As the Victorian Government’s Request for Proposal (RFP) for the outsourcing of the State’s shared services provider, CenITex, closed on Monday this week, the fate of the agency remains up in the air shortly into the newly elected Andrews Labor Government’s term.
The RFP, issued by the Department of State Development, Business and Innovation (DSDBI), which is responsible for whole-of-government ICT procurement, sought a single supplier to act as the prime contractor of all CenITex services. The Department had also welcomed offers in the form of alternative proposals by suppliers, flagging the outright purchase of CenITex as a possibility.
The outsourcing of CenITex forms part of the ongoing process to transform the agency from an ICT service provider to a broker of third party services.
While the RFP documents initially indicated a successful bidder would be announced in early to mid-2015, following evaluation over the summer period, the change in Government following the 2014 Victorian State Election may grind proceedings to a halt at the discretion of the new administration.
RFP documents clearly stipulate that, “at its sole and absolute discretion, DSDBI may choose not to proceed at any stage of this procurement program” prior to contract finalisation.
Should the outsourcing not continue, suppliers may find themselves jilted after having participated in an earlier EOI round in September 2013 for the provision of storage, processing, network management, service desk and desktop, and end user services traditionally supplied by CenITex. The EOI process sparked an industry consultation with CSC, Datacom, Dimension Data, Fujitsu, HCL, Hitachi, IBM, Kinetic IT, NEC and Telstra, that resulted in the Government abandoning plans to split CenITex’s activities into five towers serviced by separate suppliers, instead moving towards the revised, single-supplier model stipulated in the RFP released in October 2014.
Any change to the planned CenITex outsourcing is also likely to significantly affect internal business planning. According to the agency’s 2013-14 Annual Report, “CenITex business planning has been developed under the expectation that once contracts are in place, a new operating model established and all transfer and transition activities completed, then CenITex as an entity will be closed.”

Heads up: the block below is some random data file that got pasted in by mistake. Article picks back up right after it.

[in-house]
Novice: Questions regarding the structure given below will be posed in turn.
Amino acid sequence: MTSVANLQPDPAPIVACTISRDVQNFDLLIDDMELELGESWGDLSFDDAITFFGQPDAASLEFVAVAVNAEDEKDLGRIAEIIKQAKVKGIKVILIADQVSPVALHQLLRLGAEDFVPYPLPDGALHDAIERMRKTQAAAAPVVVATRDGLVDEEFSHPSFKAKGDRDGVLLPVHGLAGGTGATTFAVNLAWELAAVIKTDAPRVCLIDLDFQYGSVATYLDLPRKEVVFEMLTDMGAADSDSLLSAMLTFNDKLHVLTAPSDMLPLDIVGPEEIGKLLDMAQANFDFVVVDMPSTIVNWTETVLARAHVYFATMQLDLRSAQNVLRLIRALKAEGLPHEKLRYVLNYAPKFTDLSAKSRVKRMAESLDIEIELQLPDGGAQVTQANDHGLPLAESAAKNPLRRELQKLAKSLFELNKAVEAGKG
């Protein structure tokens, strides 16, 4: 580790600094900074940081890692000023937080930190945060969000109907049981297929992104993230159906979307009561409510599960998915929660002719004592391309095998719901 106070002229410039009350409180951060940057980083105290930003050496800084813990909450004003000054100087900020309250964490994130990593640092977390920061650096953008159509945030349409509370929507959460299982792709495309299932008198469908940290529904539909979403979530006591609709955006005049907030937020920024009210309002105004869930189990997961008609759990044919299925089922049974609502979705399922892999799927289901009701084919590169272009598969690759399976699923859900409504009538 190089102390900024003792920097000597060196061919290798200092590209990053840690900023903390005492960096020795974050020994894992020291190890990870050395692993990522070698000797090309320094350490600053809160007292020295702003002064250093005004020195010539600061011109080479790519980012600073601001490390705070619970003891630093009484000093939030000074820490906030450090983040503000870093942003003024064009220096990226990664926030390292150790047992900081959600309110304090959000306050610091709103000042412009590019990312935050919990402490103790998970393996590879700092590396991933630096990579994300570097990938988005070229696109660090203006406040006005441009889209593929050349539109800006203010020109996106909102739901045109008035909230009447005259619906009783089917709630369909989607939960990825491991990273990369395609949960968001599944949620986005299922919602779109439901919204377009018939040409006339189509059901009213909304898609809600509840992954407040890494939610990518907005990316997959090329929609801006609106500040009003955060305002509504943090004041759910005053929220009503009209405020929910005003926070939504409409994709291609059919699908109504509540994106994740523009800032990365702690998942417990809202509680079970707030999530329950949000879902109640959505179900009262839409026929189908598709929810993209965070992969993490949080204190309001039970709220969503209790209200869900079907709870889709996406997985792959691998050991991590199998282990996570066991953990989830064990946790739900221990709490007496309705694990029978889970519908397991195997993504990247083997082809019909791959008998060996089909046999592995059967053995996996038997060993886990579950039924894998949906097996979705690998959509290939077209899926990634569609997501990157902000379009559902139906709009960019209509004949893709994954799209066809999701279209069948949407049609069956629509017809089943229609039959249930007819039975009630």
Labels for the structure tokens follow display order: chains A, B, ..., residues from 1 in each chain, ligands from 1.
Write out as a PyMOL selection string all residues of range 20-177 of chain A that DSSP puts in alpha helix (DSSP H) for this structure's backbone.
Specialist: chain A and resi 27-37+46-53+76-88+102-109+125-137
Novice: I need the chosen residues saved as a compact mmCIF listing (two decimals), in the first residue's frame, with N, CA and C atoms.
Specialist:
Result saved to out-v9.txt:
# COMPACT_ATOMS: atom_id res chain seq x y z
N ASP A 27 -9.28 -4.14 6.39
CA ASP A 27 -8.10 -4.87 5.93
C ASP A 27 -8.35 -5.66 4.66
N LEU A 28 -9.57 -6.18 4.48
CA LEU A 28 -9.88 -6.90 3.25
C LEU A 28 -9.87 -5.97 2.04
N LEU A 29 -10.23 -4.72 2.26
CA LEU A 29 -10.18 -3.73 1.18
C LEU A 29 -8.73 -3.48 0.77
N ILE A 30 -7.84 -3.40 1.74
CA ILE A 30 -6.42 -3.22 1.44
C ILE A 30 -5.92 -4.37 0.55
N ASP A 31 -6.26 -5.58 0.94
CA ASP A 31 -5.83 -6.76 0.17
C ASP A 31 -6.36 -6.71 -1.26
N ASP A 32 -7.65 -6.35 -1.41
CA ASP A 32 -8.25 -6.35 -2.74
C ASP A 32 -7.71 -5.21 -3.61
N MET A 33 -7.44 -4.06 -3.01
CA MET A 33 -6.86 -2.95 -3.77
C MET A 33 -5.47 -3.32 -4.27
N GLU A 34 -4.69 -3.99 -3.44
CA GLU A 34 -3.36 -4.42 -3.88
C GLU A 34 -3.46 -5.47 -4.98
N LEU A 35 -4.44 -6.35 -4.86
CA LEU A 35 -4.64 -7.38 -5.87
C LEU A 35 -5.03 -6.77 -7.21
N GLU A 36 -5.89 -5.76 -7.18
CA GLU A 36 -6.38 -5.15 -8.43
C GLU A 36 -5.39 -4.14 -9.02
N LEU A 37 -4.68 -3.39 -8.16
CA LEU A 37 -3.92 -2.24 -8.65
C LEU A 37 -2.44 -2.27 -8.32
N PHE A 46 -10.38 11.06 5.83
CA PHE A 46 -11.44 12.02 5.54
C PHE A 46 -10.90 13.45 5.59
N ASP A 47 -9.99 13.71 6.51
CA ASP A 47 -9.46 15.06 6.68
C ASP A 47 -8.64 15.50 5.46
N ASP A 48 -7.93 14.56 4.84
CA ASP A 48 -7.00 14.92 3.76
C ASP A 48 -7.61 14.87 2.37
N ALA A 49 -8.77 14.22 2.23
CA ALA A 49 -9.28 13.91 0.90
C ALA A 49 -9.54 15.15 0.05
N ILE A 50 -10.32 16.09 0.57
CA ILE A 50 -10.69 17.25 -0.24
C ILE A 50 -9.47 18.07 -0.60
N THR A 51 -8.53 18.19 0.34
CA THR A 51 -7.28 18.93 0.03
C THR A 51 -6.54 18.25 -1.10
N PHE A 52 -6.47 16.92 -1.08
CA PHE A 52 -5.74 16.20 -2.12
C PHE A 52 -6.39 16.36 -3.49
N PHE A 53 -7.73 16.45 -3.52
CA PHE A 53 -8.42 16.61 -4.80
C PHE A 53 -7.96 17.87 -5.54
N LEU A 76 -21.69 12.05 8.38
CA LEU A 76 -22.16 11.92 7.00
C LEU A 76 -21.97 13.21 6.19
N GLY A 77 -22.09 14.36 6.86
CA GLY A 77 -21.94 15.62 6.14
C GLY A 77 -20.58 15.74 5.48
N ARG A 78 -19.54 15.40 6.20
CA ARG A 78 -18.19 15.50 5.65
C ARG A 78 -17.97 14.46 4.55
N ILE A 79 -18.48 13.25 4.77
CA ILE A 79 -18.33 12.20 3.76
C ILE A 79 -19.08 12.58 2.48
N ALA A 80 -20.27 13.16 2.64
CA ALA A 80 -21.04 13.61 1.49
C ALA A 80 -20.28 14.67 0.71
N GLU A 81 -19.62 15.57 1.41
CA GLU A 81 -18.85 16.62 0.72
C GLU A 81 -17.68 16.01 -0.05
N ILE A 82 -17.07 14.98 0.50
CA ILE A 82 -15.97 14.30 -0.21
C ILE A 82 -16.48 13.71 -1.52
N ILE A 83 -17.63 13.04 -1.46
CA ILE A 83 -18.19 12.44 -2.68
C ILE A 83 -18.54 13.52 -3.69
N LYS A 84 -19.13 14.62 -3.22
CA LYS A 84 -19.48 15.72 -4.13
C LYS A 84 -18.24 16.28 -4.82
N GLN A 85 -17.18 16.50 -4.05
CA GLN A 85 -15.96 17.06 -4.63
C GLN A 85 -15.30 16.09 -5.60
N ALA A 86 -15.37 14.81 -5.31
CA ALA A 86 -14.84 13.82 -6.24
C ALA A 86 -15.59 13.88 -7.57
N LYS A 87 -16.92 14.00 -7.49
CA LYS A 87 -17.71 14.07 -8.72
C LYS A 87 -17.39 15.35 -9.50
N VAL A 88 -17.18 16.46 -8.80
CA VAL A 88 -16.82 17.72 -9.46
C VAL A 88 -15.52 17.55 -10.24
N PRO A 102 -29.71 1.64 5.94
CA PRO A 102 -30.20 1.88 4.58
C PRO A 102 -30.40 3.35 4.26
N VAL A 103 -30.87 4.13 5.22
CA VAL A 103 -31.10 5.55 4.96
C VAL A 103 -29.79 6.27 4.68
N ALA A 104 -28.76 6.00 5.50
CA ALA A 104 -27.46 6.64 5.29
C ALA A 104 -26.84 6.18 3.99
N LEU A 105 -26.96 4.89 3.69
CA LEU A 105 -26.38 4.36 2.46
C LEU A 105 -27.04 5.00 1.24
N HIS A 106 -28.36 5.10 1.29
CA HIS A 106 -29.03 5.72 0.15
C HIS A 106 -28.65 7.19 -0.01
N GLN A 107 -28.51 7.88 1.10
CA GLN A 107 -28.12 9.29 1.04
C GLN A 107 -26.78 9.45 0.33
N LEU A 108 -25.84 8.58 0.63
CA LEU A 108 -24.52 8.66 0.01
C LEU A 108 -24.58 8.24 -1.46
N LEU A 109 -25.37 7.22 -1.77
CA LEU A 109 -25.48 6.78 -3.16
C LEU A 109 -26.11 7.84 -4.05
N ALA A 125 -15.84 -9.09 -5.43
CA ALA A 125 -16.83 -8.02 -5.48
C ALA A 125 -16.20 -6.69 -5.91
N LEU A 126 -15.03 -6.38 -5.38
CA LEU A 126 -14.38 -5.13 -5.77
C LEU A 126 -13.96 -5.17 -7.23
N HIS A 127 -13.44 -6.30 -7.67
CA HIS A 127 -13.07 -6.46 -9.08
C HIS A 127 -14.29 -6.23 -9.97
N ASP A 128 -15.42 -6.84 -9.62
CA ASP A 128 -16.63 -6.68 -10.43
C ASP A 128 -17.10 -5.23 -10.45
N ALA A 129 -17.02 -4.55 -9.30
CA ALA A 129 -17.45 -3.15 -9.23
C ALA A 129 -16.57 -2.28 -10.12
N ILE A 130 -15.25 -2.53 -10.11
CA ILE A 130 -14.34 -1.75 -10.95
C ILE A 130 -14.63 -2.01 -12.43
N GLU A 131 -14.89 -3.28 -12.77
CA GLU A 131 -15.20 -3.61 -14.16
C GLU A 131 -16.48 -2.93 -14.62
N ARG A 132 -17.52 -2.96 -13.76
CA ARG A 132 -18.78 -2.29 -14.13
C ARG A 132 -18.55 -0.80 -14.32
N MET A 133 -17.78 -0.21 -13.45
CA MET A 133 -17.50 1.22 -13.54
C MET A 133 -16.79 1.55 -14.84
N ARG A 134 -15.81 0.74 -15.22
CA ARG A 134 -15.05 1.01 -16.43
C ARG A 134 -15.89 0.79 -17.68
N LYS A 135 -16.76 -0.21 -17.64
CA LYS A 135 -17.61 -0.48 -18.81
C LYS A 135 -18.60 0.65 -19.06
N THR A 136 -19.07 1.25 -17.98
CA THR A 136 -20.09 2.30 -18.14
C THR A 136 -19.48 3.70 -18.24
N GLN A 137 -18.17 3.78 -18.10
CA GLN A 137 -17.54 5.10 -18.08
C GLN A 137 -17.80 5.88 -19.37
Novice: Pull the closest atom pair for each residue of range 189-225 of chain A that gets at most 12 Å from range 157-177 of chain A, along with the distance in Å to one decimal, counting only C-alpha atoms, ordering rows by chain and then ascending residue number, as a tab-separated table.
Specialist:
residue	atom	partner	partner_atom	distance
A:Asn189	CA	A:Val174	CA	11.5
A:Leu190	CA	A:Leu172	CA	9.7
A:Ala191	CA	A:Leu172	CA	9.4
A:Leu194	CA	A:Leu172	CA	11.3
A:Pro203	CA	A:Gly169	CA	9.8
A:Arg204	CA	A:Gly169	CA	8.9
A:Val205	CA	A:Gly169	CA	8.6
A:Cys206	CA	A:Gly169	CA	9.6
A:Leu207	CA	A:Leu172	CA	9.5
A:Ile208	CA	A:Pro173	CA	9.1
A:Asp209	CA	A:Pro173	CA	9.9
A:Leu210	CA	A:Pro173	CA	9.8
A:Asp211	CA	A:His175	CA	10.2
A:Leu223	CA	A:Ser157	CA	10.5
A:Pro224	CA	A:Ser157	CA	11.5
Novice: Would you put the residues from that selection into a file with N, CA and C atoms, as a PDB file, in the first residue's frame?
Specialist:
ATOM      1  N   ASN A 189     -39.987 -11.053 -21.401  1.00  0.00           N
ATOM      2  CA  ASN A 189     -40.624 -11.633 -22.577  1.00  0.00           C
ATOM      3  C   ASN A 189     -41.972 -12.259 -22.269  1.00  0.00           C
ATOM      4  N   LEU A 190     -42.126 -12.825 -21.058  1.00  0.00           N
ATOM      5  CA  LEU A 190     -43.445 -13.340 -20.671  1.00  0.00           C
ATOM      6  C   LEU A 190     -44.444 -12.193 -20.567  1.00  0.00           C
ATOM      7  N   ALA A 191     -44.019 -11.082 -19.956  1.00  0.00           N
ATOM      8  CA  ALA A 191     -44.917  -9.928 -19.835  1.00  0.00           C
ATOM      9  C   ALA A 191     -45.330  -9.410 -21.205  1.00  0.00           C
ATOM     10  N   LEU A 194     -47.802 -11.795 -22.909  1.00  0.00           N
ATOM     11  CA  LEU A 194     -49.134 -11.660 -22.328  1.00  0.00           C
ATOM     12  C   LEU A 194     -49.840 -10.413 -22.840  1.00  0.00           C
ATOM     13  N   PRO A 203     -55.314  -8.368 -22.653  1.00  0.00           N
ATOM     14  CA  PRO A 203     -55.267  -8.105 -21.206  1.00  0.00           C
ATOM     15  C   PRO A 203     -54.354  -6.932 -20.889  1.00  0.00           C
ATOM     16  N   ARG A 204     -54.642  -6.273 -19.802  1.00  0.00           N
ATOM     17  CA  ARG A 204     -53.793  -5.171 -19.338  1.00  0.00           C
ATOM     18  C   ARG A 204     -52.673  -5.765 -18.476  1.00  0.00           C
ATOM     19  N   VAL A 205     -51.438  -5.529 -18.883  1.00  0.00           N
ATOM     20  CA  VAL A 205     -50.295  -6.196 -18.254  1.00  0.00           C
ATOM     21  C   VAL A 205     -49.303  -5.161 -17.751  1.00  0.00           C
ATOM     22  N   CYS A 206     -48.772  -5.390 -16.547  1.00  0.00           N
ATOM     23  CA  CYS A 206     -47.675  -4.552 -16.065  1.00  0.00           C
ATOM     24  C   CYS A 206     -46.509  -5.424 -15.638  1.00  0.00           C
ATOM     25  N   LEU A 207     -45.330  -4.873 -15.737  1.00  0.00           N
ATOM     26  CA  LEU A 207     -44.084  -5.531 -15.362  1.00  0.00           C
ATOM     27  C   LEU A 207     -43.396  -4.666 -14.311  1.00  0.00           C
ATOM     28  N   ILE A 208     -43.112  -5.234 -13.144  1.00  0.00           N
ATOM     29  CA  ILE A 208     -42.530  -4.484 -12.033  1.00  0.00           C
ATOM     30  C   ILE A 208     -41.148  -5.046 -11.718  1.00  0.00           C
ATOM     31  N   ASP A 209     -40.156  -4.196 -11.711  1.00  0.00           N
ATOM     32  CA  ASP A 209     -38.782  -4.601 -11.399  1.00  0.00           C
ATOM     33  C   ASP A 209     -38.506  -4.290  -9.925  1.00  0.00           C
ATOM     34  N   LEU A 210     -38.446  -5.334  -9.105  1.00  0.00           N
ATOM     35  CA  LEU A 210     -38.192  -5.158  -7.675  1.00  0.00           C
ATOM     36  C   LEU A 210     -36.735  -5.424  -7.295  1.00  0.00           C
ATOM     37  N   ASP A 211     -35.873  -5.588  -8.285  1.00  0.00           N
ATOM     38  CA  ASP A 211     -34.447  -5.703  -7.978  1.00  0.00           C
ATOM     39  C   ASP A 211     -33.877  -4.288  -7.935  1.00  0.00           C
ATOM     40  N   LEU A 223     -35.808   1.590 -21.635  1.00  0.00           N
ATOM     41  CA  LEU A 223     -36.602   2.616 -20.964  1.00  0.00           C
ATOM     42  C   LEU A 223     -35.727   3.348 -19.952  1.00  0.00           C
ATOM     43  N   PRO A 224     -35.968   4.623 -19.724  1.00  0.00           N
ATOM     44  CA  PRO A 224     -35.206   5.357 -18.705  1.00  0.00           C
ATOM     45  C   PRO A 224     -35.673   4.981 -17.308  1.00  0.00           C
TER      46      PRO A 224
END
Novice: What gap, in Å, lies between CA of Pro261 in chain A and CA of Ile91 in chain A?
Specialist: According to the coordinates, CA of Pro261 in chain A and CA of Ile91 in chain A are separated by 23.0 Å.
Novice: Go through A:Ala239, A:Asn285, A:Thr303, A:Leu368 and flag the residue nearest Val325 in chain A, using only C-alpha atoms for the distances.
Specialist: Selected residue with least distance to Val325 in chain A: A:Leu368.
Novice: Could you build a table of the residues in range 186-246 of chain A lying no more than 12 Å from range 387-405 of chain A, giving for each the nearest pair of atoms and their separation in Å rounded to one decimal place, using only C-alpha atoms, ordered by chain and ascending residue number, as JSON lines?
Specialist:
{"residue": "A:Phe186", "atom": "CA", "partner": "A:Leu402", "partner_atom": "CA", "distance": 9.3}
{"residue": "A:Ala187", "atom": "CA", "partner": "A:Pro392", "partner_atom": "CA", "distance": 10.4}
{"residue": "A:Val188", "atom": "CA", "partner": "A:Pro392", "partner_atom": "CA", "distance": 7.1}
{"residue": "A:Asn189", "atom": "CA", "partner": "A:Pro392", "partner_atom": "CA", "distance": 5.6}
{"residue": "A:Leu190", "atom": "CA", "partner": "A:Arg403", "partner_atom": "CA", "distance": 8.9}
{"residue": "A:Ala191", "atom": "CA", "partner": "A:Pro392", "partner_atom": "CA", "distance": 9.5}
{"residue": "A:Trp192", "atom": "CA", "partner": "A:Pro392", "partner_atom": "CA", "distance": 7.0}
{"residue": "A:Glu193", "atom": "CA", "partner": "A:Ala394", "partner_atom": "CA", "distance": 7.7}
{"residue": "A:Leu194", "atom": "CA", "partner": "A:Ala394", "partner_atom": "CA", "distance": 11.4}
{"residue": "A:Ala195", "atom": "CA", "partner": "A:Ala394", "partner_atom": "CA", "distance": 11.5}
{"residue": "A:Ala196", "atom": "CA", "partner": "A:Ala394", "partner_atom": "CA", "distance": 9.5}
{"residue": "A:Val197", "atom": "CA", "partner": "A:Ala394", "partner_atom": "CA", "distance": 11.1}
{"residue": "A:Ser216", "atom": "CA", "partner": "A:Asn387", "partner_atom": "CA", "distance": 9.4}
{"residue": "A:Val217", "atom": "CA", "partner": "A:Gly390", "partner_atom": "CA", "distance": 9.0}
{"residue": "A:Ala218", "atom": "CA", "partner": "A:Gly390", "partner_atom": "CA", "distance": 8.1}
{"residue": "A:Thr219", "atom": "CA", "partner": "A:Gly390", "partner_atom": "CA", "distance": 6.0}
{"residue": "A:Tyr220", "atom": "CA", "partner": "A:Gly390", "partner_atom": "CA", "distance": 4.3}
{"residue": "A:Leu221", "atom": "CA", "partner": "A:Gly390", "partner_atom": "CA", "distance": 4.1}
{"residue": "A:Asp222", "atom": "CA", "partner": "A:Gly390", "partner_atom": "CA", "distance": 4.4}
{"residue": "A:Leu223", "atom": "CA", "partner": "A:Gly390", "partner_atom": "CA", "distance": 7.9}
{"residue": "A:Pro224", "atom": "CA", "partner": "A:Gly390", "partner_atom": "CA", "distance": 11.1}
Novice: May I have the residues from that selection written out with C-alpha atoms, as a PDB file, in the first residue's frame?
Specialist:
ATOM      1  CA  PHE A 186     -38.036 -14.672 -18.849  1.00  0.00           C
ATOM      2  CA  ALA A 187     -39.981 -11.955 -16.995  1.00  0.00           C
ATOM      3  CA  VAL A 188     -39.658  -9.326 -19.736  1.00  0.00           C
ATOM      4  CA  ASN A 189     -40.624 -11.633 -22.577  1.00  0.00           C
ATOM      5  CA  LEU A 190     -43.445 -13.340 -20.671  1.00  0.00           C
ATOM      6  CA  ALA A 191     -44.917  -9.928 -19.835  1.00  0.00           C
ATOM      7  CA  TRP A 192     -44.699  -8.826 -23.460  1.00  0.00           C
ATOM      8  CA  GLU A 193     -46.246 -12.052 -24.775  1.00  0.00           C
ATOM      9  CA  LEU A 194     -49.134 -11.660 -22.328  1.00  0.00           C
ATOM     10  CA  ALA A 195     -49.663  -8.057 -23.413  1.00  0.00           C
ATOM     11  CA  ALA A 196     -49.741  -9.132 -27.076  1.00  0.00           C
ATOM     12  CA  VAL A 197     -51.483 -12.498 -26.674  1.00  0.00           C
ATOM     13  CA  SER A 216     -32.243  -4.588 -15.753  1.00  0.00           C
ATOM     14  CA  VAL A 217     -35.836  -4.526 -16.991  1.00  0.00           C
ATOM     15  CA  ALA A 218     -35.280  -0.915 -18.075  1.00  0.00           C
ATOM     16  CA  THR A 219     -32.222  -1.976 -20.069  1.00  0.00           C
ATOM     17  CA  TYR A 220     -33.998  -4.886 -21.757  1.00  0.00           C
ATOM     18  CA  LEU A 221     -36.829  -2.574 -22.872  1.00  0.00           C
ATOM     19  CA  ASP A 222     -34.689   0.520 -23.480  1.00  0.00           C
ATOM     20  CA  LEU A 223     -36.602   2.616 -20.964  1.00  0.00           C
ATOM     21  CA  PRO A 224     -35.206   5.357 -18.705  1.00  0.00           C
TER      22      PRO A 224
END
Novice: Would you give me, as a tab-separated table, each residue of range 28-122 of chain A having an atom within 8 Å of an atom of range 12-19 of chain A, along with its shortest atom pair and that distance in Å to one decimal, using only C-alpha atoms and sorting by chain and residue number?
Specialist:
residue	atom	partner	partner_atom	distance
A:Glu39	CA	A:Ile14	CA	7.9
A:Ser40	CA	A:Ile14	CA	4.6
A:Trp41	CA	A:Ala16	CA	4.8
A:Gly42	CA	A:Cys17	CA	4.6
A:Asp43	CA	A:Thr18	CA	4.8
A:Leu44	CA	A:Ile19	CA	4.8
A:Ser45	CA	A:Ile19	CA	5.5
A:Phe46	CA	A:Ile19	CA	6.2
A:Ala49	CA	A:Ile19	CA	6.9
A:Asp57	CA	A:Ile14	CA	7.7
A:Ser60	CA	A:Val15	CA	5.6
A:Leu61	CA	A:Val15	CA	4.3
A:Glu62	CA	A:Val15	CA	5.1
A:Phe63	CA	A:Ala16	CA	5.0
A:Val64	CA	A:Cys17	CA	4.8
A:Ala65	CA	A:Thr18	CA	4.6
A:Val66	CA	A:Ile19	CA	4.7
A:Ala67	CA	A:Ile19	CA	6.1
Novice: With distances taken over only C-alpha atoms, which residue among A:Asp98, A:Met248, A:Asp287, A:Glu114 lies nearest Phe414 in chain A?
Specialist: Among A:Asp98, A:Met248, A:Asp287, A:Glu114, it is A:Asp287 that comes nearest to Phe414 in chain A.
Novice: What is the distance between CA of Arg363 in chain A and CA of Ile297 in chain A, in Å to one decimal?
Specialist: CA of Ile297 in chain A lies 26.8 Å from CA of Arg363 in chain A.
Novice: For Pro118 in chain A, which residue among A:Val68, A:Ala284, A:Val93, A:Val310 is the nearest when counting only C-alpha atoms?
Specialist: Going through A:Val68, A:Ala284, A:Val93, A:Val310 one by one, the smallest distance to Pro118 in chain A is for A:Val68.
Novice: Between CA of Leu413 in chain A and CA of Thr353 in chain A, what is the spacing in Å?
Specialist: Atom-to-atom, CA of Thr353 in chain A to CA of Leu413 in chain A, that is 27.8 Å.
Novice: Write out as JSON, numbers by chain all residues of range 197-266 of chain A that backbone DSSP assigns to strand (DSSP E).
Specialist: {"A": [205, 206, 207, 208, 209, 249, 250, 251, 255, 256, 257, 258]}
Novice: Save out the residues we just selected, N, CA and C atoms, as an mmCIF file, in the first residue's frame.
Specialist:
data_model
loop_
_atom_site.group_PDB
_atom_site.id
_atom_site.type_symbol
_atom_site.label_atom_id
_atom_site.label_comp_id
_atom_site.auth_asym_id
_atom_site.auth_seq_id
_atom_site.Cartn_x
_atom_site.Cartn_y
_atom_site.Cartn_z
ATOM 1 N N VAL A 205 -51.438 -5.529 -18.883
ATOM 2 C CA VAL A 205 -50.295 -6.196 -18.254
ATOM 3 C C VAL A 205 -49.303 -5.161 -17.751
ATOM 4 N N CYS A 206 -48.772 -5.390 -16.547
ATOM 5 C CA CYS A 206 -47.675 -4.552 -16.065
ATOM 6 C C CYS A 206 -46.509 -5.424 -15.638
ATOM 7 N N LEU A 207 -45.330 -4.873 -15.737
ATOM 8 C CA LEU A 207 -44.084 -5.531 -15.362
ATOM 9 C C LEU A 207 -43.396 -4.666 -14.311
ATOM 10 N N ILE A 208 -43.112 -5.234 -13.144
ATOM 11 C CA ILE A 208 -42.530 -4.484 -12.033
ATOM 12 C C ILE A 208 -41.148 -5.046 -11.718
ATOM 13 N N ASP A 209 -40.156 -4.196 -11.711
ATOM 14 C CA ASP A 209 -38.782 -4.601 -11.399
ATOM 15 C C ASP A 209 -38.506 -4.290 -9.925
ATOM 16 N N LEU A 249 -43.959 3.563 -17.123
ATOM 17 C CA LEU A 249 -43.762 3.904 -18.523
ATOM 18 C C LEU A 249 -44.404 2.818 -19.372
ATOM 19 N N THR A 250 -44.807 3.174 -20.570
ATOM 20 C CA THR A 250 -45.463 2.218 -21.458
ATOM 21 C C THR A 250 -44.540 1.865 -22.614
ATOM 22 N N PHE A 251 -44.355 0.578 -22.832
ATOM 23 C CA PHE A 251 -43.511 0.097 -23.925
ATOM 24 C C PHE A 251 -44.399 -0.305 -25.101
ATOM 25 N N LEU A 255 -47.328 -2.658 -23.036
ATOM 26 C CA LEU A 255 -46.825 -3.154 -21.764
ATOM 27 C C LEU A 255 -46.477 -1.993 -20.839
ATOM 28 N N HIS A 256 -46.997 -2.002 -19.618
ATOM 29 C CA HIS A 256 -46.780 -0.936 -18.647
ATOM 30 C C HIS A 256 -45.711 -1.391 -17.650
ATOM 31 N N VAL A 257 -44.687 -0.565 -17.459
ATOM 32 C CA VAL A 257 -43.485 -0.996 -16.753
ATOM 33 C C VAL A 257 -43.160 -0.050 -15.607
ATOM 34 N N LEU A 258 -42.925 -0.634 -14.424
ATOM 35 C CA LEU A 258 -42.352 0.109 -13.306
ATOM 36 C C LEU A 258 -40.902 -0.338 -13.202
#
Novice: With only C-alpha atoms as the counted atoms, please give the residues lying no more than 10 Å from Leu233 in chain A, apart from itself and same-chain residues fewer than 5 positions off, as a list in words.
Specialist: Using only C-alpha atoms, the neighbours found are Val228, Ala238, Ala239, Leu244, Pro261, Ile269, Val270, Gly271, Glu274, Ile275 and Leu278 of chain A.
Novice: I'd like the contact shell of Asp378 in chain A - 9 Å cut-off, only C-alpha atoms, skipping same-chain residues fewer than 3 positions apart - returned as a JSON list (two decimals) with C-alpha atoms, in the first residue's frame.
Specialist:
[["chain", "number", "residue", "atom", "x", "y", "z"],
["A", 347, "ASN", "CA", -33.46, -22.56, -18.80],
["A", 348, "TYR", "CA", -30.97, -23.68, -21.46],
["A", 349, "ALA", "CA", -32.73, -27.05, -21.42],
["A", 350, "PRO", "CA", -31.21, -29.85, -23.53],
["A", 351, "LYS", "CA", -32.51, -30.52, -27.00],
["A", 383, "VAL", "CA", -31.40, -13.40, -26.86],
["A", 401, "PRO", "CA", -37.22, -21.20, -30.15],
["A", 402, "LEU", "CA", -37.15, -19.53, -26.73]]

Established in 2008 by the then-Labor Victorian Government, CenITex services the computing needs of approximately 38,800 public servants across eight Departments and four agencies, accounting for $150.52 million of the State’s $1.5 billion annual ICT spend in 2013-14. The 2014-15 Victorian Budget provided $6 million to DSDBI to manage the outsourcing of CenITex’s services.
The move to outsource CenITex was sparked by the release of the Victorian Government ICT Strategy in February 2013, which aimed to enable a more efficient use of ICT in the Government by leveraging services available from the private sector.
A CenITex staff briefing in May 2013 indicated that the agency’s current operating model was under pressure from new capabilities around cloud and utility ICT models that challenged the agency’s cost structures.
At an Intermedium AIIA Budget Briefing earlier this year, then-Victorian Minister for Technology, Gordon Rich-Phillips reiterated this message, telling attendees that the Government was looking towards outsourced arrangements to “deliver better value for money”, creating new “opportunities for the ICT industry through that new service provision model in the process”.
“We need to look at what opportunities exist in Government for services such as Cloud, what that can mean for service delivery, for procurement within Government, and for getting better value for money for services into Government,” the Minister said of the CenITex outsourcing.
The Victorian Labor Platform 2014 policy document does not indicate any plans with regard to the future of CenITex.
In Queensland, plans to divest the State’s long-standing services bureau, CITEC, were recently shelved after an external review concluded the entity was not ready for sale.
The NSW Government has had more success with selling off internal service providers, successfully disposing of the Australian Centre for Advanced Computing and Communication (ac3) to Klikon Solutions in late 2013.